It is no secret that we have a shortage of nurses in our country. According to the Bureau of Labor Statistics, by the year 2024, the healthcare industry will be looking for 1.09 million new nurses. Up to 60% of those openings will be due to current nurse retirements and the other 40% due to increased demand. The real question is how the nursing shortage is impacting healthcare.
First, consider how the nursing shortage is impacting the current nursing workforce. Nurses are often working longer shifts with higher patient-to-nurse ratios. The conditions are contributing to greater fatigue, more stress, potential injury, and ever-increasing job dissatisfaction. Nurses working in these conditions are more susceptible to suffering the effects of burnout and are at risk of making mistakes.
With today’s nurses under greater pressure to tend to more patients and treat them efficiently, it is only natural to assume that patient care suffers. A May 2013 study published in the BMJ Quality & Safety Journal found a direct correlation between higher patient loads with higher hospital readmission rates. Another study in the American Journal of Infection Control identified “a significant association between high patient-to-nurse ratios and nurse burnout with increased patient infections.”
The nursing shortage is impacting the business-side of the healthcare industry also. In 2016, nursing turnover in hospitals was reported to be above 16% with a turnover cost per nurse of over $44,000. Annually, this equates to financial losses of $4.21 million. Almost 92% of hospitals report that their Emergency Department is experiencing overcrowding and an astonishing 81% report patients on gurneys in the hallway greater than 6 hours every day.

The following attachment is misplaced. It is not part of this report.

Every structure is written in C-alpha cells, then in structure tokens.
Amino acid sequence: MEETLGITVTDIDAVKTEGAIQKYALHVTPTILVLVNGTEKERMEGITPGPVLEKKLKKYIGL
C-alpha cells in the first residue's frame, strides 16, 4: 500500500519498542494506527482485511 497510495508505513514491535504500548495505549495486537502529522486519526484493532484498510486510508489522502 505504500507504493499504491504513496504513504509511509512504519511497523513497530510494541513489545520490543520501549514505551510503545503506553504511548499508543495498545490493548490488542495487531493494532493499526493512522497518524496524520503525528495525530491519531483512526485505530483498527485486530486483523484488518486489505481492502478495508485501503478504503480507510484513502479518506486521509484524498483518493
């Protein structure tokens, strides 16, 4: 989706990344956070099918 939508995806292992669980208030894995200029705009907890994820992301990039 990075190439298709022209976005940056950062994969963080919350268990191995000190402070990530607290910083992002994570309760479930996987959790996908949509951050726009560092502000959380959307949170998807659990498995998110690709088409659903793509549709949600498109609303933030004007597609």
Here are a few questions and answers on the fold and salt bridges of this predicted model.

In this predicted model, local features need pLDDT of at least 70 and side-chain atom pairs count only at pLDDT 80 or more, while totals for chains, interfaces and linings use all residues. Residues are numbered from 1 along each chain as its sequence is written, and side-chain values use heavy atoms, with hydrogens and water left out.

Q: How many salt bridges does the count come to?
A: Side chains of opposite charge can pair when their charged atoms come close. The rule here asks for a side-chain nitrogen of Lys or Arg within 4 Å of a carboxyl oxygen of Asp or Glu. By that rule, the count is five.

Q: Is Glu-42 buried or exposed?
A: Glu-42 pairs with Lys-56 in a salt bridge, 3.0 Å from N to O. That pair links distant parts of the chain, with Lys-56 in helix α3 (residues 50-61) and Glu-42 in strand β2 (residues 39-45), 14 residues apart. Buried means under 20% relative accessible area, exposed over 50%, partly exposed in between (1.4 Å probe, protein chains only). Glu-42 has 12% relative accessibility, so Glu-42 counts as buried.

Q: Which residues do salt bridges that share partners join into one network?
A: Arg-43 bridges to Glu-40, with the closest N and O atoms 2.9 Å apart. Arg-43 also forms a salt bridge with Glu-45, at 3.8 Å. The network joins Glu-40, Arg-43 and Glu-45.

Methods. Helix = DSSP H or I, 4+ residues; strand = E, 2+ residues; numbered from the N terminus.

Industry experts are mobilized in their efforts to find achievable solutions to the nursing shortage challenge. One necessary solution is to expand the current capacity of nursing schools nationwide. As demand for more nurses has increased, schools have not kept pace in hiring faculty to meet the demand. Others cite the need to increase funding to help students pay for the cost of a nursing education. Encouraging more students to pursue a career in nursing can be achieved with loan repayment assistance and higher wages across the board. New demographic groups need to be targeted to increase nursing school enrollments. Minority groups and foreign students are underrepresented in entry-level nursing programs.
Hospital administrators and hiring managers are recognizing the need to adapt their recruitment and retention efforts to streamline the hiring process and also to find new ways to reduce nurse turnover. Increasingly, they are turning to strategic partnerships with experienced healthcare staffing agencies, like Supplemental Health Care, to solve their hiring bottlenecks and gain access to a national network of recruitment professionals.
With no single solution to growing staffing challenges, the healthcare industry will continue to evolve, and organizations will adapt to meet patient care demands.If you are a nurse and interested in exploring new opportunities, check out some of the jobs we have available through our online job search tool. If you are an administrator looking for a staffing partner who can help solve your critical challenges, contact our experienced team of professionals today.
the shc blog